It's a pain to you, but you're contributing to the community. I certainly appreciate all the work contributors put in. It's not like quality software just magically genesis's from the masses. Someone has to do the work. (So who's awesome? You're awesome). If you don't feel up for it, announce to the community that while you appreciate the discussion of how it should be, you're simply too busy to do it. I mean, what are they going to do? Cut your wages?


There is one tenet that makes open source culture easier to understand: the person who does the work decides what to work on. This is one of its appeals compared to developers' day jobs. Your #1 priority might be #50 on their backlog. If you don't fix your pull request, eventually it will probably trickle up to the top and they will take care of it. However, if you make it easy enough for them, they will take care of it now.

The other reason they ask you to fix your pull request is more magnanimous. They want you to get credit for your contribution, small as it may be. If you do the fixing, your name is the one in the author field of the commit. Most people are proud enough of their contribution to want to see it through, so the maintainers' default modus operandi is to let them.

As far as your responsibility to your employer, if your business is relying on this code you're not doing them a disservice. Employers know the benefit of a workman taking time to sharpen his tools.


AFAIK, the open source way is that the responsability of fixing bugs is left to the one who care enough about the bug to handle the burden to ensure it is fixed. Depending on the circumstances, I've done everything from simply ignoring an issue to battle up (providing patches and arguing so that they are accepted) to ensure it was fixed.

Everything is right, just don't let people managing the project expect the wrong thing from you (i.e. give them hope that you'll fix the issue properly by discussion options and then do nothing), they probably are aware of more issues than they can handle themselves and will try to make a recurrent contributor of you if they can.


The original bug may only affect you, so it's very much in your interest to get the submission in by doing whatever is required to bring your patch into compliance. Otherwise the next version you pull (because you need other fixes) will be missing your fix.

You don't want to maintain a list of patches you need to apply every time you pull a new copy of the project - it's just too much trouble. Take a bit of extra time and get it fixed permanently so you won't have to deal with it again.


To an open source developer, there are two types of problems:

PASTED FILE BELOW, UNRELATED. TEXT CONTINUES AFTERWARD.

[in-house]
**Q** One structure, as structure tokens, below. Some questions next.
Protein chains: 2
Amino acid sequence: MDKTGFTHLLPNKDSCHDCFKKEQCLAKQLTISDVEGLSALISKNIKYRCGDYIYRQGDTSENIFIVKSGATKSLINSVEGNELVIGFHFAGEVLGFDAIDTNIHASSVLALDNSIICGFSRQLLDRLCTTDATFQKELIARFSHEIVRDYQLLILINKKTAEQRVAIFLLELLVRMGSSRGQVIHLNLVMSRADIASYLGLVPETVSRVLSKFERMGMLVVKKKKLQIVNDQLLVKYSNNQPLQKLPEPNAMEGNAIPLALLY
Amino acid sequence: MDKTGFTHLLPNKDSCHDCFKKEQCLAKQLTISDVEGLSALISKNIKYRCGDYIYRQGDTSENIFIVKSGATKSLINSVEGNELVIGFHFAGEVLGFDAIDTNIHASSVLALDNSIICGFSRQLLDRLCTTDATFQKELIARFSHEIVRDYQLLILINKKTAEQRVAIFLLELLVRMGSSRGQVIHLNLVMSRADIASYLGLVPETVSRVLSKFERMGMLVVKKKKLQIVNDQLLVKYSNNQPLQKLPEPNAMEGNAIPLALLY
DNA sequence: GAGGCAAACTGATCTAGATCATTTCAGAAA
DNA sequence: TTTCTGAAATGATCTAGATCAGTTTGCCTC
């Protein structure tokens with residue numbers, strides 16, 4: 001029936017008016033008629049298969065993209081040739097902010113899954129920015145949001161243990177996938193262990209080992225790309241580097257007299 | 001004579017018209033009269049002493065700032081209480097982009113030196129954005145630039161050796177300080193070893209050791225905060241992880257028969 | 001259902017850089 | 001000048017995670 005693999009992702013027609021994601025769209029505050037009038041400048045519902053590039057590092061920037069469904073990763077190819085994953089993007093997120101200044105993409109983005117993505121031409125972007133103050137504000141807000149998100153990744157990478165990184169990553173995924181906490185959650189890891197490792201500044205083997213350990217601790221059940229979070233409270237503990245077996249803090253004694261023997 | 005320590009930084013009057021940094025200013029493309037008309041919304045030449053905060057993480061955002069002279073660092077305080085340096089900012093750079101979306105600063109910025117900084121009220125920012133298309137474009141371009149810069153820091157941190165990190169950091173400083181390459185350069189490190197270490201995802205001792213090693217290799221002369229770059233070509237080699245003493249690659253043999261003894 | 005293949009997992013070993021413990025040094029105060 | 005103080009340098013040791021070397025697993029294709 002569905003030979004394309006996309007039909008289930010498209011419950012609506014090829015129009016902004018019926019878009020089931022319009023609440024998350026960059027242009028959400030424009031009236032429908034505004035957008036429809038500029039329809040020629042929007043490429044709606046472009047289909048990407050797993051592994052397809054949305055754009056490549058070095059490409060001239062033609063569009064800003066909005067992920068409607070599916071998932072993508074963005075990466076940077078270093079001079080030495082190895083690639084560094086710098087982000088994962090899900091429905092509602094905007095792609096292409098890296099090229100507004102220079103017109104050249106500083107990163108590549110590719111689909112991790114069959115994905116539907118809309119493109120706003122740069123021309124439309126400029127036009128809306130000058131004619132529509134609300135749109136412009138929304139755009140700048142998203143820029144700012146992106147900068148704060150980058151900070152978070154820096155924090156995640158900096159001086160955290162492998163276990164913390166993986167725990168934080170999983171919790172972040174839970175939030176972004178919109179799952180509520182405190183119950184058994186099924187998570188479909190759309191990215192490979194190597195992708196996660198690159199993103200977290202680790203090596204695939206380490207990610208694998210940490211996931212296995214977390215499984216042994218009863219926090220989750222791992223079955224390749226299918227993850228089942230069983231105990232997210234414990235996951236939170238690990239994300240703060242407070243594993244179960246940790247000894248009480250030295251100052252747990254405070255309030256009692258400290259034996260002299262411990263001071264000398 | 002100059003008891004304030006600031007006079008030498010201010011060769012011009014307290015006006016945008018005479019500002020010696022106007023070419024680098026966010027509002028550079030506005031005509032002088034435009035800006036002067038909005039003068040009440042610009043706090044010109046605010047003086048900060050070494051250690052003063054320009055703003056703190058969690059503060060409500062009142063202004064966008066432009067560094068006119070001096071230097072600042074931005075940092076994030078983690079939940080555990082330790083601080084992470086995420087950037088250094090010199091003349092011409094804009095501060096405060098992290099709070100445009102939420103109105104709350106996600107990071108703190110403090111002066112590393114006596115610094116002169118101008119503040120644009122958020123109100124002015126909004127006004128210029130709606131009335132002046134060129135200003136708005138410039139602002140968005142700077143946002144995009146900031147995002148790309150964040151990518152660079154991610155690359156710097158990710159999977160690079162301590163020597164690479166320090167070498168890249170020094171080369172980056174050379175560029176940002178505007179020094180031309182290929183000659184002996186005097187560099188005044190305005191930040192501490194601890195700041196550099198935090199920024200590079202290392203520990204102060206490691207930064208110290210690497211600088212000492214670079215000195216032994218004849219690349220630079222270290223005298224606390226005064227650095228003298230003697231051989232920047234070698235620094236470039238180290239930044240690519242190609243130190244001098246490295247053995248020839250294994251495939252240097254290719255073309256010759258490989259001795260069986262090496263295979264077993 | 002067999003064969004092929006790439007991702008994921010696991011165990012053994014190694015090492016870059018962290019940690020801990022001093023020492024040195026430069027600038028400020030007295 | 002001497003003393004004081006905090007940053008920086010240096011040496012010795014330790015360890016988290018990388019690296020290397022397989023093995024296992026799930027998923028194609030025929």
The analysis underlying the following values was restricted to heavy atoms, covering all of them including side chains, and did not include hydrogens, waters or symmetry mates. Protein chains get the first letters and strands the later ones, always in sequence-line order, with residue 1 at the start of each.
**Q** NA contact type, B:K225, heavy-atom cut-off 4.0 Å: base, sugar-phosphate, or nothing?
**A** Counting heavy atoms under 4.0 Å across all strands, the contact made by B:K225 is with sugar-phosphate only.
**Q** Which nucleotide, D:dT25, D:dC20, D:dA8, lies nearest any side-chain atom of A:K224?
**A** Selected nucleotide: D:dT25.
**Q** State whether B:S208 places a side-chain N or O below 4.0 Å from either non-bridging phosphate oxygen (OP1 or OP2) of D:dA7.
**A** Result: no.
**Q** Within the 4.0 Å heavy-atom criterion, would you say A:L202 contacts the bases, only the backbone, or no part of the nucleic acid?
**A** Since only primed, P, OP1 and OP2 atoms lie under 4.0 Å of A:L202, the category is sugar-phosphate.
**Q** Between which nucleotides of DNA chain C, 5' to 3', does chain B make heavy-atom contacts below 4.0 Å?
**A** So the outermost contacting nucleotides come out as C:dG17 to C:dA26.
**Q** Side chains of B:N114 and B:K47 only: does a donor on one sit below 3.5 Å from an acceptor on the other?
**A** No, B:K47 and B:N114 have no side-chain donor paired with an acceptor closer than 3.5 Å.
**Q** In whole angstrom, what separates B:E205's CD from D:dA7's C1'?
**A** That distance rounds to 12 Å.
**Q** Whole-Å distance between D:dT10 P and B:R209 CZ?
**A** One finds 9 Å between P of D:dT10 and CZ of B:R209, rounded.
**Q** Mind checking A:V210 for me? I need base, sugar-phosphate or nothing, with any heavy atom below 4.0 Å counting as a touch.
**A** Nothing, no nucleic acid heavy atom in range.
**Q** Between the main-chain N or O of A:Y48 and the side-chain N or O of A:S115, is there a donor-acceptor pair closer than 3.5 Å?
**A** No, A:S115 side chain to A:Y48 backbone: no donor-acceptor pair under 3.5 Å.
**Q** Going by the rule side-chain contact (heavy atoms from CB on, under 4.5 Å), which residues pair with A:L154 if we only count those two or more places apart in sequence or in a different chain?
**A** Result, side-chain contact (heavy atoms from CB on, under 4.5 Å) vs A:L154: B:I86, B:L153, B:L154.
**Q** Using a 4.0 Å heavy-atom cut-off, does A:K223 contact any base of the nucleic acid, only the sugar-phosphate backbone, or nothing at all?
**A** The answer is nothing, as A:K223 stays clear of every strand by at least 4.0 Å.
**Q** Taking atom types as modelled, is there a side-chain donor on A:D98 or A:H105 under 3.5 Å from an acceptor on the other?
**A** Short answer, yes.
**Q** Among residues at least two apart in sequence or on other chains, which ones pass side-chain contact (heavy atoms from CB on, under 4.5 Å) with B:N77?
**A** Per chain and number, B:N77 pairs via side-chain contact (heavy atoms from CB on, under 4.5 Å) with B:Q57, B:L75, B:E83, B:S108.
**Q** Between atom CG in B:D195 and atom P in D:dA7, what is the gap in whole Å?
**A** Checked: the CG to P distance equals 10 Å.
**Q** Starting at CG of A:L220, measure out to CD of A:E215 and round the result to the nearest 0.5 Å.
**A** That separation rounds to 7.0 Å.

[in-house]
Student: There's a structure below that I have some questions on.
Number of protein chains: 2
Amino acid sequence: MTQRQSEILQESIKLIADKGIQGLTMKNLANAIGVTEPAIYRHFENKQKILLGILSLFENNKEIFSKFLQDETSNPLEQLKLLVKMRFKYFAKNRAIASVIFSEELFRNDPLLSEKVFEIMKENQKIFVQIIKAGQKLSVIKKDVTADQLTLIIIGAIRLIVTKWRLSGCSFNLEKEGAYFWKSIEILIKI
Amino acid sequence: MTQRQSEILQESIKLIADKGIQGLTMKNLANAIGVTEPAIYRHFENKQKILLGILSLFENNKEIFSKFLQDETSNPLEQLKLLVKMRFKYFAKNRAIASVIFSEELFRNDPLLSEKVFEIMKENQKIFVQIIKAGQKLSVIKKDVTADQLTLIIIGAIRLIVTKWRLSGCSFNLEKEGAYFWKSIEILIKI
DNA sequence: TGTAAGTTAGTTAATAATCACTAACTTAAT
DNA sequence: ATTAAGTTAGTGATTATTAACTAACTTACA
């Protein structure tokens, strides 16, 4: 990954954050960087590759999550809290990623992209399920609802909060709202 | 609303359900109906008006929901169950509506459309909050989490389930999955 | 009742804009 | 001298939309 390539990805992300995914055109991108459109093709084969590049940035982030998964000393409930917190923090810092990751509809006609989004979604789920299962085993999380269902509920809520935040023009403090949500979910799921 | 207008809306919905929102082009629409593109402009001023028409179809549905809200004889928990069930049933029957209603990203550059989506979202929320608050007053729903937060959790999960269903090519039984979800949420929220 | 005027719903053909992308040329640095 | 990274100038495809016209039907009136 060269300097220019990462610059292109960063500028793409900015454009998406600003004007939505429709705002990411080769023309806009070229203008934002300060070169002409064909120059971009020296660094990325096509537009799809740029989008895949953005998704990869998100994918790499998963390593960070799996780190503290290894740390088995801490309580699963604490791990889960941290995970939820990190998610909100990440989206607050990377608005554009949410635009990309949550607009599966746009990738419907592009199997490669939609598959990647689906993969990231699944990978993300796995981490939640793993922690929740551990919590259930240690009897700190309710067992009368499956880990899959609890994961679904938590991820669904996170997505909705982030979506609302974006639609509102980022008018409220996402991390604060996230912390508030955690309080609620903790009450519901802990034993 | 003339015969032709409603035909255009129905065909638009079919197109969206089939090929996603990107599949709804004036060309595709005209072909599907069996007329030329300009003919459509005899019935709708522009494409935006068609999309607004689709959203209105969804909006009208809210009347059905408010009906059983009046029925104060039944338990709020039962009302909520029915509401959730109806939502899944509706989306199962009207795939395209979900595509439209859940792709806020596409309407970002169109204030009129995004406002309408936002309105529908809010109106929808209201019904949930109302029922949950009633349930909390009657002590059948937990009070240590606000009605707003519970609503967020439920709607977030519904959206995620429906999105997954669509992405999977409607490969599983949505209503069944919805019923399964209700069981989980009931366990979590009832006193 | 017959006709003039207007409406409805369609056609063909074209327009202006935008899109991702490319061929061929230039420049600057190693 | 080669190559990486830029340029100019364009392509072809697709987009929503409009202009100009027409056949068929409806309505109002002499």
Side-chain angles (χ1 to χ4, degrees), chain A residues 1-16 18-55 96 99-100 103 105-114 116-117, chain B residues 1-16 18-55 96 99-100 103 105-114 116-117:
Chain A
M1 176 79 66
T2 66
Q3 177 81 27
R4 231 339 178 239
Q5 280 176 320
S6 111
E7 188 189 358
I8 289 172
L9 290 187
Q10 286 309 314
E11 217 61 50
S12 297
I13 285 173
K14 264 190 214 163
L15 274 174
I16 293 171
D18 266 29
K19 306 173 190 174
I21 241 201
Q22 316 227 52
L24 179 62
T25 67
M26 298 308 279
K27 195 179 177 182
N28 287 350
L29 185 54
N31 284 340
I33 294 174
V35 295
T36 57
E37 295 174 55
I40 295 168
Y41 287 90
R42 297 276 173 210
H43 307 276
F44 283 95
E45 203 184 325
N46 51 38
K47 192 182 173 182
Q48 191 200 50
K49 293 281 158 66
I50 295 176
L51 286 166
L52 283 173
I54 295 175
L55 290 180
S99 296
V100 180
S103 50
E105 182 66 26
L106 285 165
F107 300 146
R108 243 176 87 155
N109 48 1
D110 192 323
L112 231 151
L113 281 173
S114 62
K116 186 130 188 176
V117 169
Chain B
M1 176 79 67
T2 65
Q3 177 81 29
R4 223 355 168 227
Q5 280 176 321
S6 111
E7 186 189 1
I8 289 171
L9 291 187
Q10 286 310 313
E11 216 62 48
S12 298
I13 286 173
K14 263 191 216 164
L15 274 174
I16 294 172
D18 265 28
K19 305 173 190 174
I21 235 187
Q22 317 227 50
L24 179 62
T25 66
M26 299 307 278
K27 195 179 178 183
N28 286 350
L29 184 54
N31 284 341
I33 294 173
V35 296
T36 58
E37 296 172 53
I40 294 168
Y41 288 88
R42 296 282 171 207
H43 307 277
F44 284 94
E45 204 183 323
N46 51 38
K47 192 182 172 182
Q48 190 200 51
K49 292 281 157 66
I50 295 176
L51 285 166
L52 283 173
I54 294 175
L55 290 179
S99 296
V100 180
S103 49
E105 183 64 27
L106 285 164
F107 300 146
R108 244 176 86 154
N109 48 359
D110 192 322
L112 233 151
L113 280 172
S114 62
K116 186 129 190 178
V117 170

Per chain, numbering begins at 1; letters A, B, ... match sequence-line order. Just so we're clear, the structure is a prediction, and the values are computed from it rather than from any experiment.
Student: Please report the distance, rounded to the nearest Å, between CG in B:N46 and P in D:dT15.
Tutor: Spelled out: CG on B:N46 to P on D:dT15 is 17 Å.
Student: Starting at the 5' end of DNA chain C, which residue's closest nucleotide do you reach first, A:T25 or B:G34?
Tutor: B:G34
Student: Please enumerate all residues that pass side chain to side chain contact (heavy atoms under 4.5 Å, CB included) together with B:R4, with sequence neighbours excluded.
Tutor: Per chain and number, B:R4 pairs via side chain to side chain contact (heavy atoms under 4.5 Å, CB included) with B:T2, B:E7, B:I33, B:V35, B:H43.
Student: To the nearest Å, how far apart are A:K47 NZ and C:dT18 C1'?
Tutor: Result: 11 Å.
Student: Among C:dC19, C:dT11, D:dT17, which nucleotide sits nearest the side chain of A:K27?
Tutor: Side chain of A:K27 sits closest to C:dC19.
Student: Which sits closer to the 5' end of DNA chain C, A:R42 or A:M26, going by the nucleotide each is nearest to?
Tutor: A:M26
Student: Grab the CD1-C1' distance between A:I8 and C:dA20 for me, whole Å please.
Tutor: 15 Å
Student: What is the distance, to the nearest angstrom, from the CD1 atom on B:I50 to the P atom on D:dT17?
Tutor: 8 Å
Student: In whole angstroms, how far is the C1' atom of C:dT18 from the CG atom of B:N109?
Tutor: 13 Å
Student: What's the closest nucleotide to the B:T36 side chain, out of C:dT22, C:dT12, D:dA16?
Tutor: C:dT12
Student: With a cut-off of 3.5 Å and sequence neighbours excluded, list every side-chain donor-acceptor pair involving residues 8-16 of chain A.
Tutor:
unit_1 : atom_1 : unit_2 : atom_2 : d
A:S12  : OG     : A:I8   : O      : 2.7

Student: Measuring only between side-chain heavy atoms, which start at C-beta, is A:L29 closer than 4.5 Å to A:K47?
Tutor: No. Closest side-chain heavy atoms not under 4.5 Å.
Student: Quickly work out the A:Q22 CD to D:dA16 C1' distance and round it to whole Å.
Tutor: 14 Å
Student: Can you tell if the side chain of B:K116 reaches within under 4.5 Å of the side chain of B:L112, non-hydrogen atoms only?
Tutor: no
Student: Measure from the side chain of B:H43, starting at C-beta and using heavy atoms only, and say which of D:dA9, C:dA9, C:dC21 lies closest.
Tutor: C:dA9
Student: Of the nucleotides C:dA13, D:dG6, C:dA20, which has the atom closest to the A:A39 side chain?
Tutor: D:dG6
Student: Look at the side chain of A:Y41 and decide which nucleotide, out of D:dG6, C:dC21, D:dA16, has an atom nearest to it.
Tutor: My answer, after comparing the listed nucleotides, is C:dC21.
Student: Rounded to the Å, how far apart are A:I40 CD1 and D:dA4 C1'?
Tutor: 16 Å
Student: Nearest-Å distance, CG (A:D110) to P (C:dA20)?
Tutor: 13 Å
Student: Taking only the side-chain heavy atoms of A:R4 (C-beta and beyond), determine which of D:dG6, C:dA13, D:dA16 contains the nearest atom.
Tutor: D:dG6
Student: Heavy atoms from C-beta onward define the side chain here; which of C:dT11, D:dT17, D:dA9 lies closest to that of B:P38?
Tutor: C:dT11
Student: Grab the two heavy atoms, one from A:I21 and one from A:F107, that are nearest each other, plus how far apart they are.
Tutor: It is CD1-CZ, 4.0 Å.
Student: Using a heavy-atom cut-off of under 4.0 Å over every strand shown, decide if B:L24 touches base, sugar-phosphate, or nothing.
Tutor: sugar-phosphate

• (a) problems without a patch
  • (b) problems caused by a patch

I think most open source package maintainers/developers LOVE the idea of helping to get a non-core-contributor up to speed with their patches.

Their primary goal, however, is minimizing the number of type-b problems. That's why the bar is set pretty high.

Some people surmount it. They become contributors, or maybe even core contributors. Others give up. There's a certain Darwinian nature to Open Source - survival of the fittest.

I encourage you to press on and spit-shine your contribution to the point where the team accepts it. Once you've done a few contributions, they'll trust you further, but you should still make sure your contributions are impeccable.

The end result is totally worth it. Stuff like being able to say "Do I code? Yes... You're running something I wrote, every day."

  • Ok, but what's a reasonable level of hoop-jumping to require? Presumably there is a difference between a maintainer asking for a bit of effort in order to gain trust, and simply being difficult and unreasonable. And again, my question is: what am I trying to achieve? Is getting my bugfix into the codebase more in their interests than in mine? Commented Apr 18, 2012 at 1:18
  • It's already been mentioned that the next release won't include your local patch - so it's in your best interest to get a fix into the software. Company-wise - it's in the company's best interest too - someday you may leave and no-one will remember to always re-patch application XYZ with your local fix. Try this: rework the patch, but don't submit it. Send it to the maintainer via email or otherwise - and ASK for their feedback - as in, "I think I got everything you mentioned - can you help me make sure this is right?"
    – pbr
    Commented Apr 18, 2012 at 1:32